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The first year at the Biblioteca was dreadful. So many people, and Moreau didn’t know any of them. He made a mistake once of joking about his name, “I’m Moreau, but my cousins call me Moro”. Upon hearing the short backwoods version of his name he was almost permanently labeled a hick. He hasn’t used Moro since. Worse he had to start his studies all over again. All the basic principles that Gram had taught him he had to learn once more. Because, the teachers said, “You will learn magic The Biblioteca Way not the hedgeway”. Even those things he did right merely inspired his teachers to demand still more of him. The pace of learning was much faster, Gram was many things but she wasn’t that good a teacher. Since students were expected to study late into the night and that many torches and lanterns would swath the libraries and lecture halls in a permanent sooty cloud, he was obliged to learn spells of light that he could use to read by, and took his turn each week replenishing the light spells in the corridors and classrooms. He was taught how to extend his ability to detect magic until he could actively dissect and identify all sorts of spells and effects, so they could examine new spells “in vivo” as well as the casting instructions in their copybooks.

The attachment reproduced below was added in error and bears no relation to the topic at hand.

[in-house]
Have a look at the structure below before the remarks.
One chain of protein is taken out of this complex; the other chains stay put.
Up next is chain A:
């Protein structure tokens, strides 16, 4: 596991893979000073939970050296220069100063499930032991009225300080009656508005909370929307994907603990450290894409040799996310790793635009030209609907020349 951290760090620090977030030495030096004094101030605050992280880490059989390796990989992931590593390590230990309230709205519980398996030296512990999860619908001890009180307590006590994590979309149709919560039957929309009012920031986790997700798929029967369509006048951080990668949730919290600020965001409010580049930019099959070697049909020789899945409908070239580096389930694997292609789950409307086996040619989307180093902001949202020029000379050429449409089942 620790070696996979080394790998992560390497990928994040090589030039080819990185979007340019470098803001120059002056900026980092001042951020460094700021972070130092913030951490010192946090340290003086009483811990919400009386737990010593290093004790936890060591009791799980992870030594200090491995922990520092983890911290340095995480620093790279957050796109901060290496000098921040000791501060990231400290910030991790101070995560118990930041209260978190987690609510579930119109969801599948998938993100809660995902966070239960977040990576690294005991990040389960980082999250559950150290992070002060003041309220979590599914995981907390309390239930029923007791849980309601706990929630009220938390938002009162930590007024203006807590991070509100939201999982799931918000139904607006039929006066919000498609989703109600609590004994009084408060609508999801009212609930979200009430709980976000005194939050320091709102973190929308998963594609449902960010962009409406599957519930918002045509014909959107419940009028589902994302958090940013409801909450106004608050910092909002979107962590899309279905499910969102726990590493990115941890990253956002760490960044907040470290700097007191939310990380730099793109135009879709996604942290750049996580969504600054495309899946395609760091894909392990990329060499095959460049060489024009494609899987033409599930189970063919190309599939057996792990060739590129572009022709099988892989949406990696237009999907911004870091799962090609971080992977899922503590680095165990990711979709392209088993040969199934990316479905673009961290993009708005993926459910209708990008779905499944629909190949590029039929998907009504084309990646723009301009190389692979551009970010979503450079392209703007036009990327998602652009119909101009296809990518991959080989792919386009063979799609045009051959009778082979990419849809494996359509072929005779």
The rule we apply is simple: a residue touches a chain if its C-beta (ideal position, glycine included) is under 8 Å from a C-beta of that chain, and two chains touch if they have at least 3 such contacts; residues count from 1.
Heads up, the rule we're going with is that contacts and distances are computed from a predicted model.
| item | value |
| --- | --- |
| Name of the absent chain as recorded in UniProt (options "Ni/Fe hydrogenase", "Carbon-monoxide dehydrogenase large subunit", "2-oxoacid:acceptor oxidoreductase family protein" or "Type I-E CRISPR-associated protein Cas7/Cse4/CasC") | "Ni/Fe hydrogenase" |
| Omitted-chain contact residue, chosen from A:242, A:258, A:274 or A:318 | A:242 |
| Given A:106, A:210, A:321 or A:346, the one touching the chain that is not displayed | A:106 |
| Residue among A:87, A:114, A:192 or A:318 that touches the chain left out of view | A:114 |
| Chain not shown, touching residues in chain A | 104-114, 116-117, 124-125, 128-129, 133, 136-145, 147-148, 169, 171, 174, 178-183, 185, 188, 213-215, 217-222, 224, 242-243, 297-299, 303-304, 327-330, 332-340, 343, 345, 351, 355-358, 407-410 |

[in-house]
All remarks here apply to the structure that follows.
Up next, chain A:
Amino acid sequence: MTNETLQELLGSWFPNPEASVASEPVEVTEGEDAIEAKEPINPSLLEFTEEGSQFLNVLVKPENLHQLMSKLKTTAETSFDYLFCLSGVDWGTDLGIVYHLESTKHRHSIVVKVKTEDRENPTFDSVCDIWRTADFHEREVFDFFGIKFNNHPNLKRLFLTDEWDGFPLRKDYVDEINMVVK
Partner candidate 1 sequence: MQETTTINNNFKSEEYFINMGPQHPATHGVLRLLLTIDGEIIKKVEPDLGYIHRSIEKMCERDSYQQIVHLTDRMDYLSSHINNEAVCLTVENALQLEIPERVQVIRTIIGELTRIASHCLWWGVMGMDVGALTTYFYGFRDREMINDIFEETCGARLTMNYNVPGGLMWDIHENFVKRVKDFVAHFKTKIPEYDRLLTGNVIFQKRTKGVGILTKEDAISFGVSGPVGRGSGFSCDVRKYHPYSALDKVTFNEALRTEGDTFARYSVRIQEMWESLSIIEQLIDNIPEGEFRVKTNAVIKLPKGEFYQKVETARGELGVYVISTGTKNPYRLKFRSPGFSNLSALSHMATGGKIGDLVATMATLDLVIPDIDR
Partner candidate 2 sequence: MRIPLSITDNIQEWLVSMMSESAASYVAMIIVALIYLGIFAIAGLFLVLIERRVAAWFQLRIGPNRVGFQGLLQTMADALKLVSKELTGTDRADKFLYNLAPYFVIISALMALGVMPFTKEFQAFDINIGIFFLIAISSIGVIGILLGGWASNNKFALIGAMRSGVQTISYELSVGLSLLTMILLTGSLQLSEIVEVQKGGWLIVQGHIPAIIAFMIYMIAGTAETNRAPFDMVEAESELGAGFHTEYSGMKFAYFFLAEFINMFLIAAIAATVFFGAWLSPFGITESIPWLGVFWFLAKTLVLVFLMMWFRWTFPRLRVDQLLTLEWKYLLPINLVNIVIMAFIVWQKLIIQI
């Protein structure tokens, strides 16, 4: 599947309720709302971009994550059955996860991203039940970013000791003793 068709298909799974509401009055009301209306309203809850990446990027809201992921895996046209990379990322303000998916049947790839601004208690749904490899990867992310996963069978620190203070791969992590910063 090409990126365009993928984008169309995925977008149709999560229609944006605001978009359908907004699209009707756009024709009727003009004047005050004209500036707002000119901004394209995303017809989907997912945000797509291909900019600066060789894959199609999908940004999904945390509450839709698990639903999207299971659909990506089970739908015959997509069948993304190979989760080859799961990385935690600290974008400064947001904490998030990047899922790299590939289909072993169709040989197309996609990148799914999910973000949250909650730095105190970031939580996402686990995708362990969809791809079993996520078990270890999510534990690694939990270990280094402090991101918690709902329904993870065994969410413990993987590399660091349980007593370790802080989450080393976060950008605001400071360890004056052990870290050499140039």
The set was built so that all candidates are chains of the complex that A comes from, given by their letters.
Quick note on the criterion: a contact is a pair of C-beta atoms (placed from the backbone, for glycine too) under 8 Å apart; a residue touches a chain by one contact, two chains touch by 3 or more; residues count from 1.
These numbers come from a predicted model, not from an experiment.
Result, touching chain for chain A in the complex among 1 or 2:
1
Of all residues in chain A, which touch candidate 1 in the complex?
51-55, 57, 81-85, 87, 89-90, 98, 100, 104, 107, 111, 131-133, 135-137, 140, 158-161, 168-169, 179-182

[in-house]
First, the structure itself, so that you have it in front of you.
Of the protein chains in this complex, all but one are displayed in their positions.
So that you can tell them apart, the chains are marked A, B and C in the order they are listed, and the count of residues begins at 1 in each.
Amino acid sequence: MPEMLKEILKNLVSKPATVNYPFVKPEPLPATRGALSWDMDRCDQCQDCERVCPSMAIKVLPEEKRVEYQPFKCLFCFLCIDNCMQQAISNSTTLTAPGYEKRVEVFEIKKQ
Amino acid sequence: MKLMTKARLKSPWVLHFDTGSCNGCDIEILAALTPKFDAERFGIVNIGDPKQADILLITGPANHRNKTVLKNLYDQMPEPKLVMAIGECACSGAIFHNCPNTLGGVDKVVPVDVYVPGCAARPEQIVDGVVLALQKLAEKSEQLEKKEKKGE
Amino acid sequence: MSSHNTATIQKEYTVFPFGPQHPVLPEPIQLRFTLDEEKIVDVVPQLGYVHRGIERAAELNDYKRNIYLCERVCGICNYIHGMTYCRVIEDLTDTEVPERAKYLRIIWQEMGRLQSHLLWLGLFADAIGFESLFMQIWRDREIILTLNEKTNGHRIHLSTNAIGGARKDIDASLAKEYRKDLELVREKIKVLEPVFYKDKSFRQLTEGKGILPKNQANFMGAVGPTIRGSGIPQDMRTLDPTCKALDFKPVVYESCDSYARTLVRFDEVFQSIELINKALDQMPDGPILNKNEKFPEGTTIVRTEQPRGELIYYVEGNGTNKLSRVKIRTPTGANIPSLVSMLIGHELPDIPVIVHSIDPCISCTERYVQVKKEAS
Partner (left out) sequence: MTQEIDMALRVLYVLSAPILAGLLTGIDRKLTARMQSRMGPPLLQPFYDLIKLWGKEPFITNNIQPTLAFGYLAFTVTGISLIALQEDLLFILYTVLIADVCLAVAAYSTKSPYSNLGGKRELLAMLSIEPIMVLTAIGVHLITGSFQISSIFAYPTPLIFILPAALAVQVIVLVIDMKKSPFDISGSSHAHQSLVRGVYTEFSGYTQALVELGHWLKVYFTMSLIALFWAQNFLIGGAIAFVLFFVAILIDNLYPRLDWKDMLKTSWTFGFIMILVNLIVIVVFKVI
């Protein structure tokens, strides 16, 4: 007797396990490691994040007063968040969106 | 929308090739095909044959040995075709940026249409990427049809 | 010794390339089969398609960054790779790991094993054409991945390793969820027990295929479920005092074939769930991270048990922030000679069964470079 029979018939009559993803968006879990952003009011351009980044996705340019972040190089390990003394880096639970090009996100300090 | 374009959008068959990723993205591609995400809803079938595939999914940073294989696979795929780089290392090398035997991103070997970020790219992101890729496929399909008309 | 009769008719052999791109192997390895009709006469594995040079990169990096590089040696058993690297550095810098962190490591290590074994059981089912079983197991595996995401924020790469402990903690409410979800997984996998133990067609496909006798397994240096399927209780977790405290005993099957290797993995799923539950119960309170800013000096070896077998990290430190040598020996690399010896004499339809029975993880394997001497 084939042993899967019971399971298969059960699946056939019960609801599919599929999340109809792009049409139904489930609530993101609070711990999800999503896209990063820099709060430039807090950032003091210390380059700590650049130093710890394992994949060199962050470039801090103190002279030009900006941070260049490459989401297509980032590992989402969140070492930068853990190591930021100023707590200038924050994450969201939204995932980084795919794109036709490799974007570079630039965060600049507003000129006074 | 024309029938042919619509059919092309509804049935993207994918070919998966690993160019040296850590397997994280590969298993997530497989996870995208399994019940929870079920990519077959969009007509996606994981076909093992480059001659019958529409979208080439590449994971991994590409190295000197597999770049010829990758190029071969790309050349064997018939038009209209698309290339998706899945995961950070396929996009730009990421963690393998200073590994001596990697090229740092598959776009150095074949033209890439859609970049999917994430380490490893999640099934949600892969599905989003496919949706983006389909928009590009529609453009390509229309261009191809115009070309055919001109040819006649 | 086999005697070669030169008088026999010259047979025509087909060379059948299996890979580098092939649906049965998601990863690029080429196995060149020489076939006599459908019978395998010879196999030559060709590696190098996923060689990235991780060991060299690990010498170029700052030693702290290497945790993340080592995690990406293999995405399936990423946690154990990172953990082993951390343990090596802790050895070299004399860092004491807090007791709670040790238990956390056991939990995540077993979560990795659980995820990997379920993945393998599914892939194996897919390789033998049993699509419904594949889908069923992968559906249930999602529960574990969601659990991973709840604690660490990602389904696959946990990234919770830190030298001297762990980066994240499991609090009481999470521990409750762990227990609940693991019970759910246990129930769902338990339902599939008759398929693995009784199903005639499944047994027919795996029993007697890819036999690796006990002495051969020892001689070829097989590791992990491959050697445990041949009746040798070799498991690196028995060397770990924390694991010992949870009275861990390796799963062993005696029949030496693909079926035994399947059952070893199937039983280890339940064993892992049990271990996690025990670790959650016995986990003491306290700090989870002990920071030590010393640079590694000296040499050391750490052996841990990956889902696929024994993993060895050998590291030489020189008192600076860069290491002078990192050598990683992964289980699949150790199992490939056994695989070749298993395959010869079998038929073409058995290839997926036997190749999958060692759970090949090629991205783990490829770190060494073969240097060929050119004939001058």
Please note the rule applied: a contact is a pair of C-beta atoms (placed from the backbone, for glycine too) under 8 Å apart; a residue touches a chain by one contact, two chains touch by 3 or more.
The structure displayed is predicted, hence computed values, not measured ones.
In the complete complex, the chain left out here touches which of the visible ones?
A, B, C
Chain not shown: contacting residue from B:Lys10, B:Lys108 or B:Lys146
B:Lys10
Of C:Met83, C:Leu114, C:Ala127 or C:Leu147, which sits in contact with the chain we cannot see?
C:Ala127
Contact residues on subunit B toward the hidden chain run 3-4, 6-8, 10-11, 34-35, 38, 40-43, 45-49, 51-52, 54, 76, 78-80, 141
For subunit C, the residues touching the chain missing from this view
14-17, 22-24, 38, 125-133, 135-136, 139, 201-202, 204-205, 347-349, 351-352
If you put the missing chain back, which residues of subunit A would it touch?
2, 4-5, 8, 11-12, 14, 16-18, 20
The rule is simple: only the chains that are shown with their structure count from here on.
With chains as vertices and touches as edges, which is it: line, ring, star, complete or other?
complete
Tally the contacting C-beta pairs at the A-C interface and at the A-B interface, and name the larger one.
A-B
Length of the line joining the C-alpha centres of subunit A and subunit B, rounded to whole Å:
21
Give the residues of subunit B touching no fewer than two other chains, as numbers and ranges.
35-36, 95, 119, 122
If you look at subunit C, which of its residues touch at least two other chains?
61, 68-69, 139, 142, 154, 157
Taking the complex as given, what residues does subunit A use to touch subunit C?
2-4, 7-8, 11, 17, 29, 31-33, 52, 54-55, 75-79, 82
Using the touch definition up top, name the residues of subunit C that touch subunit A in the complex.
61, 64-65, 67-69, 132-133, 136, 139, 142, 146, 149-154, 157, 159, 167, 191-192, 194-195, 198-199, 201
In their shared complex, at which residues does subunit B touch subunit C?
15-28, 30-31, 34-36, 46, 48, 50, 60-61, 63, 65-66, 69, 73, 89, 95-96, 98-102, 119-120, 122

Even so sometimes things were, uhm, exciting. With so many students and researchers trying new spells, mistakes were inevitable. When things went wrong it was impossible to guess what the bungled spell came out as. Most all the students who could learn it were taught to remove spells they didn’t know. Since he had already learned enough different spells working with Gram, Moreau quickly became ‘fire marshal’ for his class, dispelling the mistakes of his classmates before they could hurt anyone. If anybody noticed that these mistakes happened more often when Moreau was around, they didn’t mention it to him. Eventually Moreau learned how to get his spells to lay dormant or subside on command.